3. Group 1 has 24.1 years lower life expectancy with an average life expectancy of 53.0 years, while the life expectancy for Group 2 is 77.1 years.
  4. Group 1 has 60.9 percent lower literacy rate at 36.0 percent, while the average literacy rate for Group 2 is 96.9 percent.


DISCUSSION

The statistics show the following:

  1. Countries with poor medical care and low literacy rates have higher population growth.
  2. Countries with good medical care and high literacy rates have lower population growth.
  3. Countries, who improved their medical care and education in the last 30 years also dramatically, reduced their population growth.
  4. Promoting contraceptives and abortions does not seem to have a substantial influence on the rate of population growth.
  5. If the people are educated and healthy, they automatically reduce the size of their families.

It is possible that families with very high mortality rates among their children make conscious decisions to have more children because it is difficult for them to predict how many will survive childhood.

Afghanistan has a population growth of 4.21% per year; one child out of four dies before the age of five, life expectancy is 46.6 years and the literacy rate is 31.5%. Afghanistan's population is expected to grow 3 times by year 2050 from 25 million to 75 million.

Cuba, another developing country, has a population growth of only 0.43% per year; only 8 children out of 1000 die before the age of five, life expectancy is 75.6 years and the literacy rate is 95.7%.

Even though both Cuba and Afghanistan both have developing country status, Cuba has good medical care and good education, while Afghanistan has poor medical care and poor education. Cuba has much lower population growth than Afghanistan.

Italy shows negative population growth of  -0.08% per year; only 6 children out of 1000 die before the age of five, life expectancy is 78.4 years and the literacy rate is 98.1%.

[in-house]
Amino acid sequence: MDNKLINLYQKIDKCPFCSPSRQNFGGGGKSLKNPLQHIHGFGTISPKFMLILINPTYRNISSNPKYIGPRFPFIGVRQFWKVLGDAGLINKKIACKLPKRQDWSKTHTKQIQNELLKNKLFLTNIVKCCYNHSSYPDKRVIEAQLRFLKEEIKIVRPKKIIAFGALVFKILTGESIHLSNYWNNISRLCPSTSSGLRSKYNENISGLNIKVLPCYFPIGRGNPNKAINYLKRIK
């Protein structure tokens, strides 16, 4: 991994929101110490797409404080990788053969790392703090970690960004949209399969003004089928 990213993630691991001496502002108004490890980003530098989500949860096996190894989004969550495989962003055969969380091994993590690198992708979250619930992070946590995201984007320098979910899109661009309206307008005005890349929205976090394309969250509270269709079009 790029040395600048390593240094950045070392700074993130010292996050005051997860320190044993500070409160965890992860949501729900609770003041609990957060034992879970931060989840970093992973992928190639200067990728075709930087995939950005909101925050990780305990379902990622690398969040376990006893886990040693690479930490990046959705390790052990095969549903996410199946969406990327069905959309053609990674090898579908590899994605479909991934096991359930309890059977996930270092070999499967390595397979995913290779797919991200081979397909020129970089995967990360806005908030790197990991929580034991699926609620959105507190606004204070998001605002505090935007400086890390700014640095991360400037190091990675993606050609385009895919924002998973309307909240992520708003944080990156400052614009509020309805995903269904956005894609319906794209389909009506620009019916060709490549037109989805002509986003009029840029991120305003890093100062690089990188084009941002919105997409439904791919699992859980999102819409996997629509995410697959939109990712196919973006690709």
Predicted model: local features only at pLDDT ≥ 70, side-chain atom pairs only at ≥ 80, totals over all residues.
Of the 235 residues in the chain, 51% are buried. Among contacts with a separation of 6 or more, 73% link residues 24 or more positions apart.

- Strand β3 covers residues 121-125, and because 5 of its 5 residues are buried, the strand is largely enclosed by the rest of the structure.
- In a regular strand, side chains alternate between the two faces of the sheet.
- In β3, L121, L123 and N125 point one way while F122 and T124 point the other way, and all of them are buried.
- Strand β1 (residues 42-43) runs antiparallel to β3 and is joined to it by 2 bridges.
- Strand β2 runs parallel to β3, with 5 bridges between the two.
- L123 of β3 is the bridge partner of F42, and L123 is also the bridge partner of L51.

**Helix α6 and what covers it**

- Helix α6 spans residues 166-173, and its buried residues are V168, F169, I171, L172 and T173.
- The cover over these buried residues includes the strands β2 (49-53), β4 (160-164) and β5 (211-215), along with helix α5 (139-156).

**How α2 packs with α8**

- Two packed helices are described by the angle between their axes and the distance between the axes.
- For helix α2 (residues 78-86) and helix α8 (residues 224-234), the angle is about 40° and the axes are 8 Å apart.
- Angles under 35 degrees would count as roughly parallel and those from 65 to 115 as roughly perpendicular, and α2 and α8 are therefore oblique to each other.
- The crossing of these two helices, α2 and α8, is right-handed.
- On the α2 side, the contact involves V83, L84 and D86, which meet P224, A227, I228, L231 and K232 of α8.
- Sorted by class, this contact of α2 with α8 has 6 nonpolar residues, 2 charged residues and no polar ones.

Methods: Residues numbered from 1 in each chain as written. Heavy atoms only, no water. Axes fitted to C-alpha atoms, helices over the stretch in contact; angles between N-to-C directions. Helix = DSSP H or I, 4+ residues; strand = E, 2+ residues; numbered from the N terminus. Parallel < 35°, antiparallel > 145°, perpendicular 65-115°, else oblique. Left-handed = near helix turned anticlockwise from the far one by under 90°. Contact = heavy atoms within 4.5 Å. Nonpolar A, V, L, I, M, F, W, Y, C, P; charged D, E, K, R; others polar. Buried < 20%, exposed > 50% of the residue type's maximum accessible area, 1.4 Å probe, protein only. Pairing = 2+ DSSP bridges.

We often think of Italian families as having many children, but that was in the sixties. Italy now has negative population growth. Italy has in the last 30 years had a dramatic reduction in population growth. Good medical care and education are the main reasons. France, Spain, Portugal and Ireland are also following the same path as Italy.

This result is of great significance, because there is little or no political or religious resistance to improving medical care and education, while there is substantial political and religious resistance to promoting contraceptives and abortions. A program that does not promote contraceptives and abortions is therefore more likely to receive widespread economic and political support.

Improving medical care and education is not a short-term project. Unfortunately, there are no short-term solutions to reducing population growth. It is going to take at least 30-years, but if we do not start now, the solution will take even longer.

This study assumes that high mortality rates for children under the ages of five and low life expectancy are indicators of poor medical care.


LITERATURE CITED

  1. World Population Growth in Major Areas by the United States Census Bureau
  2. Population Growth Rates by the United States Census International Program Center
  3. Mortality Rates for ages under five by UNICEF
  4. Life Expectancy at Birth by the United States Census International Program Center
  5. Literacy Rates by UNESCO


Click here to see table 1 and table 2